Could My Symptoms Mean I Have a Brain Tumor?

The idea you may have a brain tumor can certainly be unsettling – even terrifying. But every pain in your head doesn’t necessarily mean you have a life-threatening tumor.

As a renowned neurosurgeon and brain tumor specialist, Christopher Duma, MD, FACS, understands the anxiety that unexplained symptoms can cause. That’s why Dr. Duma offers on-site testing technologies to determine whether or not your symptoms relate to a brain tumor, as well as comprehensive tumor treatment options.

What you should know about brain tumors

Brain tumors develop when groups of cells don’t grow and divide properly. These cells continue to grow to form the tumor. A tumor can either be benign or malignant.

Benign brain tumors

Benign tumors are noncancerous growths that tend to grow slowly and aren’t likely to spread to other areas of your body.

Malignant brain tumors

Malignant tumors are made up of groups of cancerous cells. This type of tumor can grow quickly and spread beyond your brain and spine. You may also have a malignant brain tumor that begins growing elsewhere and spreads into your brain, a type of tumor known as a secondary tumor.

Brain tumors are classed by the cells involved in their development. For instance, a glioma is a common type of brain tumor that begins in your brain or spinal cord. Gliomas include glioblastomas, ependymomas, and astrocytomas.  A meningioma is a tumor that originates in the membranes that surround your spinal cord and brain.

Although there’s no clear understanding of what causes a brain tumor, there are risk factors that may increase your likelihood of developing a tumor. These risk factors include your age. Brain tumors are more common in older adults and in children, but a person of any age can still develop a tumor.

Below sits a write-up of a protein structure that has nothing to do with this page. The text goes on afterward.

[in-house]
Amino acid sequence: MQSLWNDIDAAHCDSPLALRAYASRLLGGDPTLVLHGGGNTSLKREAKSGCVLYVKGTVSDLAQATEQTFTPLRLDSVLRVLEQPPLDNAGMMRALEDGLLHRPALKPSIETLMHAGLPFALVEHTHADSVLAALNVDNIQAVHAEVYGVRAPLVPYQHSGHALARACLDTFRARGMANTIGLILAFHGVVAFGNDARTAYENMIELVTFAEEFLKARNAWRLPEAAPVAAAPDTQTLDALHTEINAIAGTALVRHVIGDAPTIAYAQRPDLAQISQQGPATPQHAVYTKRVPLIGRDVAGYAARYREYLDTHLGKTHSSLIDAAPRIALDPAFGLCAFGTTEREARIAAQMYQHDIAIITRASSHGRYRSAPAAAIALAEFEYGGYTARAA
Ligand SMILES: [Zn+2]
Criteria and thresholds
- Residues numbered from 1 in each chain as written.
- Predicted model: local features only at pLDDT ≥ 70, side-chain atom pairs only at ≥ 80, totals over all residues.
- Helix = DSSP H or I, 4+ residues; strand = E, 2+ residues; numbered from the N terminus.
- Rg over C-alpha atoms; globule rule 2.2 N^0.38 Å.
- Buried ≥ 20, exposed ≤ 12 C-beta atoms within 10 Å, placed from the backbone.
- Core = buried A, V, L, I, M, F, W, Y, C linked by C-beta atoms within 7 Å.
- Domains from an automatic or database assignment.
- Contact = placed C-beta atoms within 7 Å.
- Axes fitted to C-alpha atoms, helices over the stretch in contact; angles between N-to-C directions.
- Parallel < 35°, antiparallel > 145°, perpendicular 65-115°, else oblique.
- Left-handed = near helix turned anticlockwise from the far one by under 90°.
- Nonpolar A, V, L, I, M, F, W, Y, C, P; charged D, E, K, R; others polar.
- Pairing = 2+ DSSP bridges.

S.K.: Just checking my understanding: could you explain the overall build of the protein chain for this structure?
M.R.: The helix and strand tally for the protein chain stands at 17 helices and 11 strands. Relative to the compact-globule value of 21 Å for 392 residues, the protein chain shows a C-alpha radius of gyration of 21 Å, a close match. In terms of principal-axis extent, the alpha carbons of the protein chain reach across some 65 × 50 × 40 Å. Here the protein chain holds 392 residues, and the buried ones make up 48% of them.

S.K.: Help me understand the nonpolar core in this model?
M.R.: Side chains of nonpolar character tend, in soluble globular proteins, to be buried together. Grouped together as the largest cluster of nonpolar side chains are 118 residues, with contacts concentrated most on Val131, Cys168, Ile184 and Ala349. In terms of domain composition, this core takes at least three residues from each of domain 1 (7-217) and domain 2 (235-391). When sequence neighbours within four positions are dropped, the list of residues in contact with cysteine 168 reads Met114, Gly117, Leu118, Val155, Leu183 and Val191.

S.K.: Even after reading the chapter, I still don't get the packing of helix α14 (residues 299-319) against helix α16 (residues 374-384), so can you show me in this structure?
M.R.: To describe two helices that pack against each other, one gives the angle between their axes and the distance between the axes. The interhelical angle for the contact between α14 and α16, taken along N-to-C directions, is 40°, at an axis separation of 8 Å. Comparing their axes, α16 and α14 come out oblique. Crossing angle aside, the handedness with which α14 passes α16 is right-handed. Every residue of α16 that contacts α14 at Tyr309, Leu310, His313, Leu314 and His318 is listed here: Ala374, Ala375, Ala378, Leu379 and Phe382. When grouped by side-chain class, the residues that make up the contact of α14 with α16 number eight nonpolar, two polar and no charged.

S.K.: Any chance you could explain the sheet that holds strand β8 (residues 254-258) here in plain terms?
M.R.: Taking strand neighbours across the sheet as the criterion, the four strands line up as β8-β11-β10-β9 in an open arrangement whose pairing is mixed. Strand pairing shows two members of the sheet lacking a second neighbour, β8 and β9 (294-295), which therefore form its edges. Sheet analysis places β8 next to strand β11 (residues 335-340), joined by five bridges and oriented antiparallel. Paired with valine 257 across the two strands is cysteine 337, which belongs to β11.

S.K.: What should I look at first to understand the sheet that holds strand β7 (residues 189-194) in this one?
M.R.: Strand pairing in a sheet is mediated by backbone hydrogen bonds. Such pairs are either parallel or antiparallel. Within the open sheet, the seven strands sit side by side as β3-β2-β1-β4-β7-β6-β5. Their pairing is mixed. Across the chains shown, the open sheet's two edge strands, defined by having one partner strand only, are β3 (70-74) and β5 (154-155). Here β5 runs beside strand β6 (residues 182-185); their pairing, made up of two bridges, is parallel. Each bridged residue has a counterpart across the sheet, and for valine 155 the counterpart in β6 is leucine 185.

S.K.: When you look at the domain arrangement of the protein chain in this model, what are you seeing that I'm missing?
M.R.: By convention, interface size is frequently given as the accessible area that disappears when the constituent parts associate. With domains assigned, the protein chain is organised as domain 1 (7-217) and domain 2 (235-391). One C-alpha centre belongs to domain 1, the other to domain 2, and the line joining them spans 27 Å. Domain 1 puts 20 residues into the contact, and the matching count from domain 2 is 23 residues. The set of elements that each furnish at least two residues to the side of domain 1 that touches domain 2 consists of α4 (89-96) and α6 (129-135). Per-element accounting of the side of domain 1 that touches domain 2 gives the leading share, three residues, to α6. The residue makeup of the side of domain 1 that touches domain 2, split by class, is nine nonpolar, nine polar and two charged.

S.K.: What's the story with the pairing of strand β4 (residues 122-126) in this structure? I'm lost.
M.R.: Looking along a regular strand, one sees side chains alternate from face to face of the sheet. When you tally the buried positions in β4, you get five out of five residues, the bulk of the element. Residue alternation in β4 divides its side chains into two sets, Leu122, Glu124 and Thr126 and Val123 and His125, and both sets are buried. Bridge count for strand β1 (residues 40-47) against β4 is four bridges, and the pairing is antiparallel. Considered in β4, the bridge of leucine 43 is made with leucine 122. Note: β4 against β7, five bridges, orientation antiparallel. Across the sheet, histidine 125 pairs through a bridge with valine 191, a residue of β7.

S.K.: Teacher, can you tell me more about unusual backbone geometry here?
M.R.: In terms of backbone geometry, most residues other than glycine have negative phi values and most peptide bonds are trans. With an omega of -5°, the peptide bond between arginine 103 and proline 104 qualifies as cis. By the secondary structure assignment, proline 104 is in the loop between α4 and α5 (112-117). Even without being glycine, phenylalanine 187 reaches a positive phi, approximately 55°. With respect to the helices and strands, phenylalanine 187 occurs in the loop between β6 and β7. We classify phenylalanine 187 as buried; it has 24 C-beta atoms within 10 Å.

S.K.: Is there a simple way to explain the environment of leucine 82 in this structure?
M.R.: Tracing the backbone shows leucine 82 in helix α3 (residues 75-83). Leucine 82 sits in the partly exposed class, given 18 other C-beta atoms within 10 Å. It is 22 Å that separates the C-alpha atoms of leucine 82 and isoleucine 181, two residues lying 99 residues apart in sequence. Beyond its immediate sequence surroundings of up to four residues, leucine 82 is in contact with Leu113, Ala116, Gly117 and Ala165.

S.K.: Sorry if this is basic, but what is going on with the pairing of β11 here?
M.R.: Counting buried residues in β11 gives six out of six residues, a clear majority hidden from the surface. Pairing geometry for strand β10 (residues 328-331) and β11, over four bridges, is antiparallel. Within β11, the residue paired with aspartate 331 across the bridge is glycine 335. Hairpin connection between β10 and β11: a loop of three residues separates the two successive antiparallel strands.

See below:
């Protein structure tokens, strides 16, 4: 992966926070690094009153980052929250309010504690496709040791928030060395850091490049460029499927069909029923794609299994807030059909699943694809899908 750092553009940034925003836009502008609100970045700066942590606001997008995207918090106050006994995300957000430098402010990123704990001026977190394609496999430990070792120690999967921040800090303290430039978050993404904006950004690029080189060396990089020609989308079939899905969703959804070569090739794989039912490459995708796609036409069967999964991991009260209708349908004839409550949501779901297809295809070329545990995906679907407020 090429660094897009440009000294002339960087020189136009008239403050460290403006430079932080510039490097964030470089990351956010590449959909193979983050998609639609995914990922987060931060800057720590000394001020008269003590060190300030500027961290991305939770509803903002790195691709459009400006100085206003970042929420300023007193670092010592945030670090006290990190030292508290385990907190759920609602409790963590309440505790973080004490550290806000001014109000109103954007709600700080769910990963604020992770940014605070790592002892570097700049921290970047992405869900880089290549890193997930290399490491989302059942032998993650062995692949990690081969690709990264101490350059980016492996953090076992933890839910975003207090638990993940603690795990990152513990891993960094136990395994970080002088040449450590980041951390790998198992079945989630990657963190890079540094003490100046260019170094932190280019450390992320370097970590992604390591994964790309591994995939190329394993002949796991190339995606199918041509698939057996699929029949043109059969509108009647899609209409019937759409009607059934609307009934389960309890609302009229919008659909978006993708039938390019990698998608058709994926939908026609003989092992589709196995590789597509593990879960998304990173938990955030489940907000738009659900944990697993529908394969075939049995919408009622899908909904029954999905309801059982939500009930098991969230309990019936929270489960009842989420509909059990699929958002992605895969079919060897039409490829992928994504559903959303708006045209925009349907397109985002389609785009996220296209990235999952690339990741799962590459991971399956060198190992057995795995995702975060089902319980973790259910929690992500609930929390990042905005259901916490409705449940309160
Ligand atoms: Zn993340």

Other factors that contribute to brain tumors include:

If you have a history of a head injury or seizures, you may be more likely to develop a brain tumor than someone who doesn’t have that type of history.

Recognizing the signs of a brain tumor

True symptoms of a brain tumor can vary significantly from person-to-person. A brain tumor can cause symptoms like:

Though any change in your physical or cognitive health can be startling, experiencing these symptoms doesn’t mean you have a tumor in your brain.

Because tumor symptoms also relate to many other underlying medical issues, it’s important that you schedule a diagnostic consultation with Dr. Duma to confirm or rule out a brain tumor as soon as possible.

The diagnostic process for brain tumors

If you have symptoms that may relate to a brain tumor, Dr. Duma offers specialized imaging tests on-site, including magnetic resonance imaging (MRI) to identify tumors or other abnormalities.

Not all brain tumors cause symptoms. In fact, benign tumors are often discovered during a computed tomography (CT) scan or other imaging test when diagnosing other medical conditions.

Advanced treatments for brain tumors

If you do, in fact, have a brain tumor, Dr. Duma creates a treatment plan that focuses on resolving your symptoms and preventing the spread of cancer to other areas of your body. He specializes in Gamma Knife ® radiosurgery, a technology that allows him to remove the tumor on even the most sensitive areas of your brain with the highest level of precision.

Immunotherapy is also an available treatment option for brain tumors. Dr. Duma uses this therapy to boost your body’s immune system to fight off cancer and help you achieve long-term remission.

Don’t put off a diagnostic evaluation for symptoms of a brain tumor. Call the office of Christopher Duma, MD, FACS, or request an appointment using the online booking system today.

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